Bass Tidbit .11
We know from both a myriad of scientific studies and the personal observation of thousands of anglers that bass instinctually kill and eat ?injured? prey. They are ?genetically? coded to do this.
In most situations where bass exist, they are right at or near the top of the aquatic food chain. As such, they are genetically predisposed to attacking and eating the sicker, weaker, or injured among available prey. Just as the lion will single out the weakest in a herd for it?s dinner, so the bass keys on the injured or weak among it?s prey. They are ?easier to catch?, thus less energy is expended.
Those are the ?facts?, but what does it ?mean? to us as anglers that want to catch bass with a fly rod?
Words like ?erratic? when used to describe how to work a fly sound good. I?ve used them. But how, exactly, do you work a fly ?erratically?? Or, what do you do to make a fly look like it?s ?injured? or ?weak? to the fish?
Starting with the basics, we?ll look at baitfish (that?s any fish the bass is likely to eat?). What happens to a fish when it?s injured or ?sick? or ?dying??
It can go several ways. The fish might float to the surface of the water (or ?towards? it), and struggle to swim back down. Or, the fish might settle towards the bottom and struggle to swim upwards. It might also swim in circles, blindly running into any obstructions, or do ?loops? in the water, suddenly change directions at random, or some type of unusual maneuver. Most are hard to mimic with a fly, but the first two aren?t, and they are effective techniques that we can use to catch bass.
In the first instance, the prey is struggling to remain swimming underwater. It dives under and then floats back in an ever weakening series until it?s just flopping around on top of the water, finally it?s just quivering in place, then it dies (provided the cycle isn't interrupted by a hungry bass).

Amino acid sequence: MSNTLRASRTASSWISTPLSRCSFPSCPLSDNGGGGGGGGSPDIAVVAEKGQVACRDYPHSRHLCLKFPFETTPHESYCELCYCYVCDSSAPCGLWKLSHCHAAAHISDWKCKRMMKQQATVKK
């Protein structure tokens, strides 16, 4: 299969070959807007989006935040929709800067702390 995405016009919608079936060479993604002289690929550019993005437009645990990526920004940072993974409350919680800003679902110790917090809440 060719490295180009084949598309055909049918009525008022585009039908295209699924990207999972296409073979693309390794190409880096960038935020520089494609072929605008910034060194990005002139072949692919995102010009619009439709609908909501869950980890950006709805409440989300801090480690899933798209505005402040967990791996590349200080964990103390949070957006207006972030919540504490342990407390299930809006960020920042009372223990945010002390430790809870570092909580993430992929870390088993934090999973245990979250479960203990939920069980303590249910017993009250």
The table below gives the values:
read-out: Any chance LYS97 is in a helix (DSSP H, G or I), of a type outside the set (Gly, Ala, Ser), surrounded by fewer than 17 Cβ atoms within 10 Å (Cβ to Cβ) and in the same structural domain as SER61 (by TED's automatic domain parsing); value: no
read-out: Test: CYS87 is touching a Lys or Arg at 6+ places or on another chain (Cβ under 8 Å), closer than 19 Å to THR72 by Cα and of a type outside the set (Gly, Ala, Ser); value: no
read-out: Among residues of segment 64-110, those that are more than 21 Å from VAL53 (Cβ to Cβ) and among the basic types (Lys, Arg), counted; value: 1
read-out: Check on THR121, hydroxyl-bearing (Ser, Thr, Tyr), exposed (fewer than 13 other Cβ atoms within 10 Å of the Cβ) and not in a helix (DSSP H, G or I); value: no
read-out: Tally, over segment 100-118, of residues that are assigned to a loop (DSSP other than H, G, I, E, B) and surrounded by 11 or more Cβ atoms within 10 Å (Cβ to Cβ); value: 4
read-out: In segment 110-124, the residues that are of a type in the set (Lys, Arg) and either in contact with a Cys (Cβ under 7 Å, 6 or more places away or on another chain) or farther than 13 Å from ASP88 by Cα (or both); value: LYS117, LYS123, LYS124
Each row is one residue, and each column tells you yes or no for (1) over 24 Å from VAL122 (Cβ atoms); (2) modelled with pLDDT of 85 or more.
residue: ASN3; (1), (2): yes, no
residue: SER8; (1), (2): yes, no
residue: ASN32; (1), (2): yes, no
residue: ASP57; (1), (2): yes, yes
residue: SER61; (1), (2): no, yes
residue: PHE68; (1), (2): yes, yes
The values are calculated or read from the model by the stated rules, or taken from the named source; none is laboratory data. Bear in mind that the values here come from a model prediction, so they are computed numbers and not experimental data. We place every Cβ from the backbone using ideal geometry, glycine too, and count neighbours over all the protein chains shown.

We can easily ?do? this with a fly. We can do ALL of it, from the repeated diving/surfacing, to the final quivering ?near death? stage.
The second instance is basically just the physical reverse of the first. The fish has lost it?s ability to remain buoyant in the water. It is sinking towards the bottom, then struggling to swim away from it. The doomed fish gets weaker and weaker over time, finally settling down to the bottom where it expires.
Again, something we can do, and pretty easily, with a fly.
All you need for the first instance is some type of floating fly that dives when you pull on it. Lots of those out there, from deer hair divers, flies made with foam, even a few constructed with diving lips. You can vary the speed and length of the ?pulls?, from fast and hard jerks of the rod tip, to gentle pulls with the line. Not hard, very effective. If we put the same fly on a sinking line, we can do this at different depths.
The last part, the quivering and dying phase, can be done with just about any floating bug, popper, slider, whatever, as long as it floats.
The second instance is even easier for us. All you need is a fly that sinks, either inherently or weighted to do so. This one can be done at any level in the water column that you care to fish, from right under the surface down to as long as you are willing to wait for it to settle.
Again, you can be very aggressive to very subtle with this. Control how fast or slowly the fly sinks by it?s construction and weight. Control how ?fast? it moves by how you manipulate it . Jerk or rip it with the rod, work it fast or slow with strips of the line, or glide it slowly by just raising the rod tip.
This ?lift and drop? retrieve is probably the one thing that most of us do that is effective day in and day out. It?s inherent in the tackle we use, since, unlike those using a spinning or casting reel, a steady retrieve of a fly using just your hands to pull in the line is really impossible.
In any event, these two ?techniques? are effective and simple. I know there are other ways to get similar ?actions? from our flies.
Anyone else have any ?dying baitfish? techniques they want to share?
It Just Doesn't Matter....